Four of the 5 priority areas identified following the 2003 First Ministers’ Accord on Health Care Renewal were analyzed: total joint replacement surgery, cataract surgery, coronary artery bypass graft (CABG) and MRI scans. Costs of the excess waits for these procedures were calculated for each province. Figure 1 shows that the highest economic costs are generated for total joint replacement surgery (an average of about $26 400 per patient), followed by MRIs ($20 000) and CABG surgery ($19 400), with cataract surgery yielding the lowest costs ($2900). Although significant differences in costs exist among the provinces, no one province has either the highest or the lowest costs in all priority areas.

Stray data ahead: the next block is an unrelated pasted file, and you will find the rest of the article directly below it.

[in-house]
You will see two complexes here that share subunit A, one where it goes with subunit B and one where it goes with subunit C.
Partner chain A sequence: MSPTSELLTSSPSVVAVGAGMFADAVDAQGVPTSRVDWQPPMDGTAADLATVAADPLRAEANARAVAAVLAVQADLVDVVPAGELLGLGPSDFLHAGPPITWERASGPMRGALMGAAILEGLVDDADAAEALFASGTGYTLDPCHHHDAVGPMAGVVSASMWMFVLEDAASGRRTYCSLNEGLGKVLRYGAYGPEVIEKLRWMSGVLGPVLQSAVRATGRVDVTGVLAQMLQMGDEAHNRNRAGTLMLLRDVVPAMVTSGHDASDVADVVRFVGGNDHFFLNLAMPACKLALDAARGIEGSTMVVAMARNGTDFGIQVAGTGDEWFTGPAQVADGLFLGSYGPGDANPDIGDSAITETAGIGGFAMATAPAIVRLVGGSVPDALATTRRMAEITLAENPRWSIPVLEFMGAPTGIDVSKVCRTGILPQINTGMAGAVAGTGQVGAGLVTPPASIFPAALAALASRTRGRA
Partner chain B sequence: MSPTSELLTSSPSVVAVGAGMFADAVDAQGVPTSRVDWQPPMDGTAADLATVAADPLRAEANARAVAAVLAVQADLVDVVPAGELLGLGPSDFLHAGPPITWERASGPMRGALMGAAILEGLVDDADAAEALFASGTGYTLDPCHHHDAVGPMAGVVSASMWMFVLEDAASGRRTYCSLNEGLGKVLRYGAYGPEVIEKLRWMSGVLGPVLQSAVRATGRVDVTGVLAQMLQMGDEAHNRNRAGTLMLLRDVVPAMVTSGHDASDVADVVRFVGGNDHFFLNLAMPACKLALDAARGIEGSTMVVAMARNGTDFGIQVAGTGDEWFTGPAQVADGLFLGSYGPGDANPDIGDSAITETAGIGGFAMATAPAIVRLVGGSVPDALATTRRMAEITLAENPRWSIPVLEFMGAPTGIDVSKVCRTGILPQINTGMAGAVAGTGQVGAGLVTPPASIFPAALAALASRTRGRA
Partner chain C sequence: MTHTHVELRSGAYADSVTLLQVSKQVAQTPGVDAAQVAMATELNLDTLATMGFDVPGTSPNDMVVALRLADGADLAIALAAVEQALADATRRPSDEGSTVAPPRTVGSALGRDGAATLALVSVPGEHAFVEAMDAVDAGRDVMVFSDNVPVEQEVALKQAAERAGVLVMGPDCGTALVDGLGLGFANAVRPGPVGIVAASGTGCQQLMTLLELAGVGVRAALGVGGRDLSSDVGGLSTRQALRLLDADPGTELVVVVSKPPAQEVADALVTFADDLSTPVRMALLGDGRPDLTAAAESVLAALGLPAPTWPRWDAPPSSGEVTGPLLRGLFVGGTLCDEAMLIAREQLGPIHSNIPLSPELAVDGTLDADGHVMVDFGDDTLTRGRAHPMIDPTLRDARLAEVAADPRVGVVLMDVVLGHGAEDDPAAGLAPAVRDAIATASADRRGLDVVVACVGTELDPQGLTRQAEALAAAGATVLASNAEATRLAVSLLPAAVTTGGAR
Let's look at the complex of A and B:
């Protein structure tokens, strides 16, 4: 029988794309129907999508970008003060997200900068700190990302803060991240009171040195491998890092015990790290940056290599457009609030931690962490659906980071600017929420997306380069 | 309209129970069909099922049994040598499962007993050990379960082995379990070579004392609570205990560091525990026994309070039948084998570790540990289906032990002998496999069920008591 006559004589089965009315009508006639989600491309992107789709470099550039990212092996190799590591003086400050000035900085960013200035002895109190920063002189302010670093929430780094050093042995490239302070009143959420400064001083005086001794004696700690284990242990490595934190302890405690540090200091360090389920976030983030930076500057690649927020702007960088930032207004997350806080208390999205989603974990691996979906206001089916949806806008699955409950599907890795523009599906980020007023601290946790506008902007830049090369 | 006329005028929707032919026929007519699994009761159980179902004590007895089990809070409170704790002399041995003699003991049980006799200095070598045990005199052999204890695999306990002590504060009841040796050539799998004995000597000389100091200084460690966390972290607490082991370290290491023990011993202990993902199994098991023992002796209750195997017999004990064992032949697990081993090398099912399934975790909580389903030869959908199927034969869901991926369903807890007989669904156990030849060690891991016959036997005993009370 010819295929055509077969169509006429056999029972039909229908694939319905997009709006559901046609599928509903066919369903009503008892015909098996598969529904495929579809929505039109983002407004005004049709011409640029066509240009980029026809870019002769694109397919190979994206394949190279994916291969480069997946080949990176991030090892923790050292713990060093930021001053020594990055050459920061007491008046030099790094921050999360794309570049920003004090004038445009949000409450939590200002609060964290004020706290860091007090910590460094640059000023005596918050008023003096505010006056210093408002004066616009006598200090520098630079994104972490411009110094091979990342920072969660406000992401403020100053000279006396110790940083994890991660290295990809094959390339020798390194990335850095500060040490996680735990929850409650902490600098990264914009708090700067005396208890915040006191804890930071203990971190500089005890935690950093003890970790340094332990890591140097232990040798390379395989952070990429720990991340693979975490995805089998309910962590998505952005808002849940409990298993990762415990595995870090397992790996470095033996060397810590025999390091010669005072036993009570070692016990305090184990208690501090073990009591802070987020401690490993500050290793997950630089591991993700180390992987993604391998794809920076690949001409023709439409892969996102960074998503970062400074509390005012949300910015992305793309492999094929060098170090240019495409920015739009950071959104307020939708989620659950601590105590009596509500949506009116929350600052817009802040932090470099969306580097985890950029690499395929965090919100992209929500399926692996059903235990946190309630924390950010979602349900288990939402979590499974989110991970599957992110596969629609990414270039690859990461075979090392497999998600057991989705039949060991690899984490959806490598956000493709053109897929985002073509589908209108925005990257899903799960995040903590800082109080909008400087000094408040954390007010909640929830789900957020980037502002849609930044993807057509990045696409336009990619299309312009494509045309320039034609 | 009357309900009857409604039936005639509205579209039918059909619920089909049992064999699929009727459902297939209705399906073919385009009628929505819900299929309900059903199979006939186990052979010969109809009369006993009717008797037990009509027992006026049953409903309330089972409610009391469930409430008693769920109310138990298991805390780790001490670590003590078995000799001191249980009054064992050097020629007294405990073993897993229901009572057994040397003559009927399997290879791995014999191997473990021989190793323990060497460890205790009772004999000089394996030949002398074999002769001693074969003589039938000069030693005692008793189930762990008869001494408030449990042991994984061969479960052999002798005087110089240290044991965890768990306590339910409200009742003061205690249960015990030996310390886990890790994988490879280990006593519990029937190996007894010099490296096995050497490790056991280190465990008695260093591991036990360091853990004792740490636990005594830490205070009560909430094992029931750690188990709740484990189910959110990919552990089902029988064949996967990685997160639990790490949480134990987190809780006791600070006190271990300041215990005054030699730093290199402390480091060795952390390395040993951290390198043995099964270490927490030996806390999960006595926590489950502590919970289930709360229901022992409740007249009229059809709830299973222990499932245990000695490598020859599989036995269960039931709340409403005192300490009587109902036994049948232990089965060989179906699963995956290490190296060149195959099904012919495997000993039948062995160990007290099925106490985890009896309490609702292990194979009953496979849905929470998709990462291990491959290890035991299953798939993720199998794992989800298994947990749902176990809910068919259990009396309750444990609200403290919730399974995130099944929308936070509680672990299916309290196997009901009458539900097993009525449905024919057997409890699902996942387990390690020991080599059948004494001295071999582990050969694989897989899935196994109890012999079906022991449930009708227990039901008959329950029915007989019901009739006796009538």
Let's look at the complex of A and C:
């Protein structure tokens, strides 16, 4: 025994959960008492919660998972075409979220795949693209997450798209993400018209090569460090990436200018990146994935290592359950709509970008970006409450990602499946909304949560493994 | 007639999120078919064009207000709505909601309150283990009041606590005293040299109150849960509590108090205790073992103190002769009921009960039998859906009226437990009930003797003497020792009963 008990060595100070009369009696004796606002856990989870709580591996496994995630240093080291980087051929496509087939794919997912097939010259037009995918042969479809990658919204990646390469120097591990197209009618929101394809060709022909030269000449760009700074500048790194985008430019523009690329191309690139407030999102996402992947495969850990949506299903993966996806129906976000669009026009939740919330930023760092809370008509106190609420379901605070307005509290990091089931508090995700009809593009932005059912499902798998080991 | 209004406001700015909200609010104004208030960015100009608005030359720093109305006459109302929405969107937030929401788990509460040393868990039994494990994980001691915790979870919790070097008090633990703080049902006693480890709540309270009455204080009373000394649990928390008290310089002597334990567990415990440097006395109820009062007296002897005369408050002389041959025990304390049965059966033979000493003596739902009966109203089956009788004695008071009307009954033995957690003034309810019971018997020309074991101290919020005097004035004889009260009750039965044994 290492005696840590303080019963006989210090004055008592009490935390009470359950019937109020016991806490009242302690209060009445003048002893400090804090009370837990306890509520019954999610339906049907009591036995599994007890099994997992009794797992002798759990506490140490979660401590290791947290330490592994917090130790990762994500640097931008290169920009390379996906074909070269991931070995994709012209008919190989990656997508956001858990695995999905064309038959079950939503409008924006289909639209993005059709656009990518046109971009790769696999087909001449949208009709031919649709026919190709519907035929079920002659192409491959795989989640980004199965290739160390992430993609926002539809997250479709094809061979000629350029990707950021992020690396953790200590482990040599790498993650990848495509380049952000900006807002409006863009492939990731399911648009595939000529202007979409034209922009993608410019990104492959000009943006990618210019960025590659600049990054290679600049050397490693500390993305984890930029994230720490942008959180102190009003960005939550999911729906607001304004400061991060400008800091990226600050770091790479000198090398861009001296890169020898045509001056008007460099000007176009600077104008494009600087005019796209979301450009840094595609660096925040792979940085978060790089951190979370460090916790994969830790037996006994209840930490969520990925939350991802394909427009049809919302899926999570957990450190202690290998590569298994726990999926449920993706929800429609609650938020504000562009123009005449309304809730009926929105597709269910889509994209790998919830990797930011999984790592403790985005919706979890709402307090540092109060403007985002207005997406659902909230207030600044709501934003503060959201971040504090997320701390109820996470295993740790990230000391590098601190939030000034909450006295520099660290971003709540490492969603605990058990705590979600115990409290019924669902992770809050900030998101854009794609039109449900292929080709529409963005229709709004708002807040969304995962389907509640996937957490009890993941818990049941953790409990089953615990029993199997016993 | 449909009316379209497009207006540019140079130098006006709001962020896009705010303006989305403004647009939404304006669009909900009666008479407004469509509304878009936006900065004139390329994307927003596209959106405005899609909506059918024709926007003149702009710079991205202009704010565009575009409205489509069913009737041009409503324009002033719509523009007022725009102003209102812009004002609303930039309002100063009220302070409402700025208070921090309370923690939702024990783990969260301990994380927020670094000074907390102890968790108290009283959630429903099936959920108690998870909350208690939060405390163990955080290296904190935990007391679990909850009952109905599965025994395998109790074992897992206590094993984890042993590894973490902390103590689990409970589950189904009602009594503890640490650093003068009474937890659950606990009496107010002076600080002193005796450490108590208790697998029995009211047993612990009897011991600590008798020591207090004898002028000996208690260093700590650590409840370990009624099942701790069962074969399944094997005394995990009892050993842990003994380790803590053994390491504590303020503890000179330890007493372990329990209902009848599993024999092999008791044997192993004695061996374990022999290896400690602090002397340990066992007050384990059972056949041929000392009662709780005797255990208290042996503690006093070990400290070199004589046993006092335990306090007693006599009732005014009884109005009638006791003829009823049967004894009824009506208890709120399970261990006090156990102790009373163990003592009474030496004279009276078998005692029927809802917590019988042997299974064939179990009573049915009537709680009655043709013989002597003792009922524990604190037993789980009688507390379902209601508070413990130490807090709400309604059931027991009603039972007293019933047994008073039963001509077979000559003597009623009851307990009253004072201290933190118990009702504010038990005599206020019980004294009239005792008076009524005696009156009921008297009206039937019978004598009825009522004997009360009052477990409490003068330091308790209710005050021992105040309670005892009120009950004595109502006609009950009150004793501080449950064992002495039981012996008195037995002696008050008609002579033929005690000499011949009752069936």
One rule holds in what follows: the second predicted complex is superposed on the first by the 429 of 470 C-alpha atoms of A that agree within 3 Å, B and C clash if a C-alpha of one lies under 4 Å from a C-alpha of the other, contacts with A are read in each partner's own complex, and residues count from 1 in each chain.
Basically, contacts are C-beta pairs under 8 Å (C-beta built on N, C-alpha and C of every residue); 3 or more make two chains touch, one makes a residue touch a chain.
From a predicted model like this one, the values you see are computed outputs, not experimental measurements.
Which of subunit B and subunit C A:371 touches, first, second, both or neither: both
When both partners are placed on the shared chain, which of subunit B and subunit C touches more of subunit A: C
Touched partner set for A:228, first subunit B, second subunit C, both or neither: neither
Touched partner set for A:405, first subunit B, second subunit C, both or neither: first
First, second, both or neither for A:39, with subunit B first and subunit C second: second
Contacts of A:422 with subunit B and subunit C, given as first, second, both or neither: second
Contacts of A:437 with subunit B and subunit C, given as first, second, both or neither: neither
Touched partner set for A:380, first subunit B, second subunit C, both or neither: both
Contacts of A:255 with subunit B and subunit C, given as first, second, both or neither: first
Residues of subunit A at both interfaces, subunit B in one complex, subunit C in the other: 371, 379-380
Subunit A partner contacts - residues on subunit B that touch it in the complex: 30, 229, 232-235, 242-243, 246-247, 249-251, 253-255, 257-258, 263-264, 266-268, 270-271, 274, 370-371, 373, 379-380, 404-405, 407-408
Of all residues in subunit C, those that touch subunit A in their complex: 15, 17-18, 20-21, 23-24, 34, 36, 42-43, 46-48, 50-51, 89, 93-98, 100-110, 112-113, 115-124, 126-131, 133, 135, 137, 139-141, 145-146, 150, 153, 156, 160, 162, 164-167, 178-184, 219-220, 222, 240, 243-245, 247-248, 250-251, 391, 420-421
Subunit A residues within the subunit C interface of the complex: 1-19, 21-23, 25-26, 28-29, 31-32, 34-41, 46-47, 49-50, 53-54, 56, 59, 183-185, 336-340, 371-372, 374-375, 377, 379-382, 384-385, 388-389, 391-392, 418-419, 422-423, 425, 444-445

The cumulative economic cost of waiting for treatment across these 4 priority areas in 2007 was an estimated $14.8 billion. This reduction in economic activity lowered federal and provincial government revenues in 2007 by a combined $4.4 billion. Figure 1 Impact on Gross Domestic Product per Patient Waiting in Excess of the Recommended Maximum Wait Time Patient-weighted National Average $0 $10 $20 $30 $40 Joint Replacement Surgery Cataract Surgery CABG Surgery MRI Exam Annual Cost per Patient in Thousands of 2007 Reference Year Dollars Low High Patient-weighted National Average PEI AB AB AB NL NB NS SK Source: The Centre for Spatial Economics
The Economic Cost of Wait Times in Canada Page 2 The Centre for Spatial Economics Our analysis is a conservative one. It only addresses the wait time from when a specialist requests a course of treatment to the time that treatment occurs. This ignores the wait times endured by patients in getting to see the specialist or even in getting to see their family doctor. Moreover, it examines only the costs associated with waiting for treatment — it does not assess the costs of reducing wait times. This latter analysis is required for a comprehensive review of the costs and benefits of achieving shorter wait times for treatment.